I’d estimate that 3 out of 5 MBA applicants to top-tier schools have traveled widely, for work or for fun. It follows that in their MBA applications they cite travel as an activity they value and put it among the important experiences they have had. They think that journeying across the world speaks for itself as proof of “diversity.” Travel “broadens the mind” and all that.
This is true. But there is a lot of value to be had in travel that MBA applicants often don’t get to. Here I tip my metaphorical hat to the mother of an MBA Studio client who gave her son the following feedback — before he came to me — which absolutely dovetails with how I exhort clients to squeeze admissions value from their travel (and other) experiences. I quote:
“I don’t think you have written something meaningful enough about your travels. You have traveled widely but it looks like it doesn’t seem to have influenced you, affected your outlook about people, society.
“Perhaps write something meaningful about poverty, and yet the ingenuity of people who have very little but are innovative, creative, hard working.
“Can you think of reasons why you chose to travel to these places, culture, philosophy, history, etc.?
“Some insight into the way you and your friend chose to travel, no fuss, not staying fancy places.
“This travel was a test also in being independent, showing initiative, taking calculated risks in foreign places. (You don’t give yourself sufficient credit for these things.)”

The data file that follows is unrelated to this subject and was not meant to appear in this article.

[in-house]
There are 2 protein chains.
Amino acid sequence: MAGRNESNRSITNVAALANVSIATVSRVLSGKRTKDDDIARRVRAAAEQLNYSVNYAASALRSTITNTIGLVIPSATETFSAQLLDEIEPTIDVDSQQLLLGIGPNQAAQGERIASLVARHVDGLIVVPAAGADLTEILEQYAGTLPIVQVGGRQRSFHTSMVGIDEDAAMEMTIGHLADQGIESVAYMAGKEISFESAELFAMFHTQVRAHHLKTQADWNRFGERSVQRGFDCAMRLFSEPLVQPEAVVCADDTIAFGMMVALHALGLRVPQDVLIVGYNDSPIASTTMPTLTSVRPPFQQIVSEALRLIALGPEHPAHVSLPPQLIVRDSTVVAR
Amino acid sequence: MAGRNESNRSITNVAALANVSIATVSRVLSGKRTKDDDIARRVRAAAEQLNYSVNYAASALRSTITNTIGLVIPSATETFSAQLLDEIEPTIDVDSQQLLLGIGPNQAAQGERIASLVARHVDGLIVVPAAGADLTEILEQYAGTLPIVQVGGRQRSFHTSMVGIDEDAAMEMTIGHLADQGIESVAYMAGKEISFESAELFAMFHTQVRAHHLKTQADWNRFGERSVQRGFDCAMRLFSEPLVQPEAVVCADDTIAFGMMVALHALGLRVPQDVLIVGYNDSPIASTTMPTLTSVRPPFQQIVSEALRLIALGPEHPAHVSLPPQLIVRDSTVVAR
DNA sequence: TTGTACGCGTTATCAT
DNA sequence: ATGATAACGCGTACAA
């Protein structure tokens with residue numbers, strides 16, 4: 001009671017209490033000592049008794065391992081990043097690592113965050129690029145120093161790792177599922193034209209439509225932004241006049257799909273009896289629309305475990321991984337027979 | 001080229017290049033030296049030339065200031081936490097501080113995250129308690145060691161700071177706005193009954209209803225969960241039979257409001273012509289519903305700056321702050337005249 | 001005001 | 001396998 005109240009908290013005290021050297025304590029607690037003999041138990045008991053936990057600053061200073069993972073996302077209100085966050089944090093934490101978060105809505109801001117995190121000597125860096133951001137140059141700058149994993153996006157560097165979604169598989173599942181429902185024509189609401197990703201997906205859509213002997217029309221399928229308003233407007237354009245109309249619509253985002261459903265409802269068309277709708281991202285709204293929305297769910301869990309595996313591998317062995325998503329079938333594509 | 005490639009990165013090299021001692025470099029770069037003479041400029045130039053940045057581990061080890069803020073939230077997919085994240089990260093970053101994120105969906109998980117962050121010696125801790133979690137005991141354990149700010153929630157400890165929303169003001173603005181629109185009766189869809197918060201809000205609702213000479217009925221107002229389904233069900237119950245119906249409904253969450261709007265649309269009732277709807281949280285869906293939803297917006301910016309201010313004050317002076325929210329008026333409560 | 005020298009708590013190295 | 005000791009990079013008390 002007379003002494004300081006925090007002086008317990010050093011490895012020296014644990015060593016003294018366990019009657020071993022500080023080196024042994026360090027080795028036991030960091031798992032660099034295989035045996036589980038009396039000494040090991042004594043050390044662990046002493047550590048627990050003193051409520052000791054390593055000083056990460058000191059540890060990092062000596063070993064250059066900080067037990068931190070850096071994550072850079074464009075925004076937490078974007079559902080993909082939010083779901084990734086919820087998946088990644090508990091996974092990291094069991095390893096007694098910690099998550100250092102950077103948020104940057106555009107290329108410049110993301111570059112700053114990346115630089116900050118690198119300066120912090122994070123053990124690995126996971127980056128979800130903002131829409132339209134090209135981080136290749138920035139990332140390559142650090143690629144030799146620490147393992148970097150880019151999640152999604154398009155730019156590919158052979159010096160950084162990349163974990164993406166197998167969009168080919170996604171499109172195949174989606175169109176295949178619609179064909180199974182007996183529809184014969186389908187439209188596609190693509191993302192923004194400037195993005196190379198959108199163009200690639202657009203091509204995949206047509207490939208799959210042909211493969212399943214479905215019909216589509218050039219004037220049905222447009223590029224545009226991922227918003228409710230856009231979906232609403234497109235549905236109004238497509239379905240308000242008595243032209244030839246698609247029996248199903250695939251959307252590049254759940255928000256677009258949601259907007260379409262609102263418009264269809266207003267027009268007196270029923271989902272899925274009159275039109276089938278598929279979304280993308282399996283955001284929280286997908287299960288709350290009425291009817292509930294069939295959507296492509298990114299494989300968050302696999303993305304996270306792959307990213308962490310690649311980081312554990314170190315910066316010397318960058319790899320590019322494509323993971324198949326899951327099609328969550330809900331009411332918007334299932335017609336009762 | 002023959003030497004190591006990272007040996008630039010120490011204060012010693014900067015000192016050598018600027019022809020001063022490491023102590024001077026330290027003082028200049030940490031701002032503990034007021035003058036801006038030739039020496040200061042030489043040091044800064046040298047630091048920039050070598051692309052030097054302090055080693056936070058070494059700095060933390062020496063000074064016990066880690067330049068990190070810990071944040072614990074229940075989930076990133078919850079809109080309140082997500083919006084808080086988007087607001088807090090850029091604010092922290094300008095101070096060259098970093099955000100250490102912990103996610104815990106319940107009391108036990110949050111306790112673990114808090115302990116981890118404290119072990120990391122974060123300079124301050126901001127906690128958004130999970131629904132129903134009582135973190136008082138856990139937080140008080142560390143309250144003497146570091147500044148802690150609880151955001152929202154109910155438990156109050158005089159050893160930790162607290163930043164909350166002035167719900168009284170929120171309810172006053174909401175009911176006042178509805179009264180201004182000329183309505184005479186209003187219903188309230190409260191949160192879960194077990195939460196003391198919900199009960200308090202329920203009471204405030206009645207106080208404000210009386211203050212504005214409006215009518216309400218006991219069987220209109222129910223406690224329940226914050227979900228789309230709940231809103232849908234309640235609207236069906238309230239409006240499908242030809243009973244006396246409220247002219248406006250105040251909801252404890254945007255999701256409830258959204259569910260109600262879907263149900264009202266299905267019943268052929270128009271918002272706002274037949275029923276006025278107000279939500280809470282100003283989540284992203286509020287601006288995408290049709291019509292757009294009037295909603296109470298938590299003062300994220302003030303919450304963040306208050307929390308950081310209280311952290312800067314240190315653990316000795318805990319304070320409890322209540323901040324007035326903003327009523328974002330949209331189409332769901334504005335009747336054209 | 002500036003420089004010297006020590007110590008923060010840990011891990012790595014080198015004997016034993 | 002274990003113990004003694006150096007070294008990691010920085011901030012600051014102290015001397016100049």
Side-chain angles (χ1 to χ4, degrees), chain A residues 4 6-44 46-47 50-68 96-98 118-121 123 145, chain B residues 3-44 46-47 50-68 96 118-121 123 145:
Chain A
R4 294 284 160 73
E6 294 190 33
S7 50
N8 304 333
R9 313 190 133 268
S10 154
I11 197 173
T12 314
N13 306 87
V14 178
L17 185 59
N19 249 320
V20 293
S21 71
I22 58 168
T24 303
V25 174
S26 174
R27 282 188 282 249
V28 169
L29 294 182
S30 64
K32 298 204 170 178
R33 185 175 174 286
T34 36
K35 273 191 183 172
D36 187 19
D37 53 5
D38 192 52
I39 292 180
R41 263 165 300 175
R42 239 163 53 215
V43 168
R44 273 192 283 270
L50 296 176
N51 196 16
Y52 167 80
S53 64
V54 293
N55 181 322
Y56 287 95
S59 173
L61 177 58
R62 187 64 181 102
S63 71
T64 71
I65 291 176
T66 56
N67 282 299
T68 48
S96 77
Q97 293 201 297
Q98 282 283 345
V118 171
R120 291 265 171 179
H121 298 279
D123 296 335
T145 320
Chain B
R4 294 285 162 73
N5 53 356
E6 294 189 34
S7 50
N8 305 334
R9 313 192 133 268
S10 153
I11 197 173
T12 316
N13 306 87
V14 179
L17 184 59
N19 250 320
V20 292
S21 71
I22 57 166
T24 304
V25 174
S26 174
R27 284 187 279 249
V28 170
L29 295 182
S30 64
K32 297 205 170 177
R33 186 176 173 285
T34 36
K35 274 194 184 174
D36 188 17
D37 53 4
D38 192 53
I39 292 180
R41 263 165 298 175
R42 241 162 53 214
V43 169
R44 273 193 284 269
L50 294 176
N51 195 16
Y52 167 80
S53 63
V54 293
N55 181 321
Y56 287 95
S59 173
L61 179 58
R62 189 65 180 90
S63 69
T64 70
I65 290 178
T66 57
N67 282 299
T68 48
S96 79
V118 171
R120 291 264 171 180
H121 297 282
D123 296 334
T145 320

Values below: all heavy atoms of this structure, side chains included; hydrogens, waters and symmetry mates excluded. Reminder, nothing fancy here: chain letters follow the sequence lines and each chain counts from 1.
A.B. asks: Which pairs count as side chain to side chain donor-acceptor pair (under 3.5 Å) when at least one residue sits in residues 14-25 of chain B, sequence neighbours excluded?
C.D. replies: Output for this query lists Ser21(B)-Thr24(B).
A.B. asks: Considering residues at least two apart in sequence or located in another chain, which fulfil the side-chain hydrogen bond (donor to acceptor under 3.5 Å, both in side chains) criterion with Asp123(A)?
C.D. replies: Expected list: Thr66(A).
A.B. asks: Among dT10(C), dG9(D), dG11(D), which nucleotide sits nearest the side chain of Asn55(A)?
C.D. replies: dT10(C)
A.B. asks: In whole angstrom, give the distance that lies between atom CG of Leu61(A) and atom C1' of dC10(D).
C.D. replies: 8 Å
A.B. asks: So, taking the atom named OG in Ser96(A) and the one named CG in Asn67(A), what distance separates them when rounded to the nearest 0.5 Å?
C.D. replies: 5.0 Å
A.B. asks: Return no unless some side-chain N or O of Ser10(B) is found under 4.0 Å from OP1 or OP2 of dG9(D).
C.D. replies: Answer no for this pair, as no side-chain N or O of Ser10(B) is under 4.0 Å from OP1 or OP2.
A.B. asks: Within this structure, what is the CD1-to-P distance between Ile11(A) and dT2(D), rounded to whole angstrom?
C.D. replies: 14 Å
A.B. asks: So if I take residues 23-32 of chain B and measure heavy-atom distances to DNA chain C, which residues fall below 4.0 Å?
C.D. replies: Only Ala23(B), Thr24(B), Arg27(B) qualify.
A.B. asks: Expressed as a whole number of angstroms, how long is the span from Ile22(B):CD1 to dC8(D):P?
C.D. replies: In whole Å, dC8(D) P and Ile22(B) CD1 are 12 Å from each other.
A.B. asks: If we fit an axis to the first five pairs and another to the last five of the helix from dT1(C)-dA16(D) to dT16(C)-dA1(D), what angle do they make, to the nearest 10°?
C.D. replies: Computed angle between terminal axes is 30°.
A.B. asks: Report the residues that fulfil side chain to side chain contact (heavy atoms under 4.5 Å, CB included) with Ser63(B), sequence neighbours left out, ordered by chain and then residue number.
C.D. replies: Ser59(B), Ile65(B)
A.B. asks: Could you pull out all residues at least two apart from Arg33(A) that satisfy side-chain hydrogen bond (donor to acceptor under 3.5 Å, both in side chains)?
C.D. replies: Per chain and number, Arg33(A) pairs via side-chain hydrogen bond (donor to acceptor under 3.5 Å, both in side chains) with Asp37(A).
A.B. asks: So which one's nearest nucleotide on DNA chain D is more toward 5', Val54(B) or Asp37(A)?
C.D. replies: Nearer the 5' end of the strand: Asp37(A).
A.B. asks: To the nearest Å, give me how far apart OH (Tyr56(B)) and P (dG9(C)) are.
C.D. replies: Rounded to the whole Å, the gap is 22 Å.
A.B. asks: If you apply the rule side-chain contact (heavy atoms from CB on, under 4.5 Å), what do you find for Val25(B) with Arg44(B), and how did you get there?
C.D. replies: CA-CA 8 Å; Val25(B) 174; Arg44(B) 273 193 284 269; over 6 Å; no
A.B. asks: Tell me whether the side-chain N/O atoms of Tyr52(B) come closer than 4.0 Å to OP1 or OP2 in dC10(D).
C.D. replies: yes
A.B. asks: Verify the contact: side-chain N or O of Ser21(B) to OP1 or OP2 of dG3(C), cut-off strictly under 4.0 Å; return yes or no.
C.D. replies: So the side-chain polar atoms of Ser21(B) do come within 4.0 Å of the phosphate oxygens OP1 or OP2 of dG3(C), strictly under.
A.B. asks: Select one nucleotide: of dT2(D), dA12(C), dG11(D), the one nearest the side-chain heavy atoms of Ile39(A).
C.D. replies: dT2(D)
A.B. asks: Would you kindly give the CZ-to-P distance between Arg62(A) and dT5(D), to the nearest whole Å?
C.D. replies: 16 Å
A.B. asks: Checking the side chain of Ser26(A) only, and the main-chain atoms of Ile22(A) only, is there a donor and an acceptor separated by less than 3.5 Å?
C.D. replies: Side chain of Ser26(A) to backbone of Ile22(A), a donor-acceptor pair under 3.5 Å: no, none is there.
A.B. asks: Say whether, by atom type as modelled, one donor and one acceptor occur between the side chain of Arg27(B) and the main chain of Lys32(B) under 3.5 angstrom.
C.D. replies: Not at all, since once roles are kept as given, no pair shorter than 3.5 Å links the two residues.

If all mothers had this depth of insight, I’d be out of a job. But, seriously, the task here, and everywhere in MBA admissions, is to extract the full admissions value from any activity you have done, experiences you’ve had, or choices you’ve made.
Look at your experiences, look at the skill sets and character traits of middle-to-senior managers, and make the link.
In this case an applicant following this advice would be showing Adcom not just “travel,” but a nuanced outlook on foreign cultures; an appreciation of genuinely alternative value systems and social cohesion including alternative forms of innovation; a non-materialist sensibility; an ability to ride out adversity; practice at calculated risk-management, and so on. Now this is a platform a good b-school can build on, to create a senior manager for significant 21st Century organizations.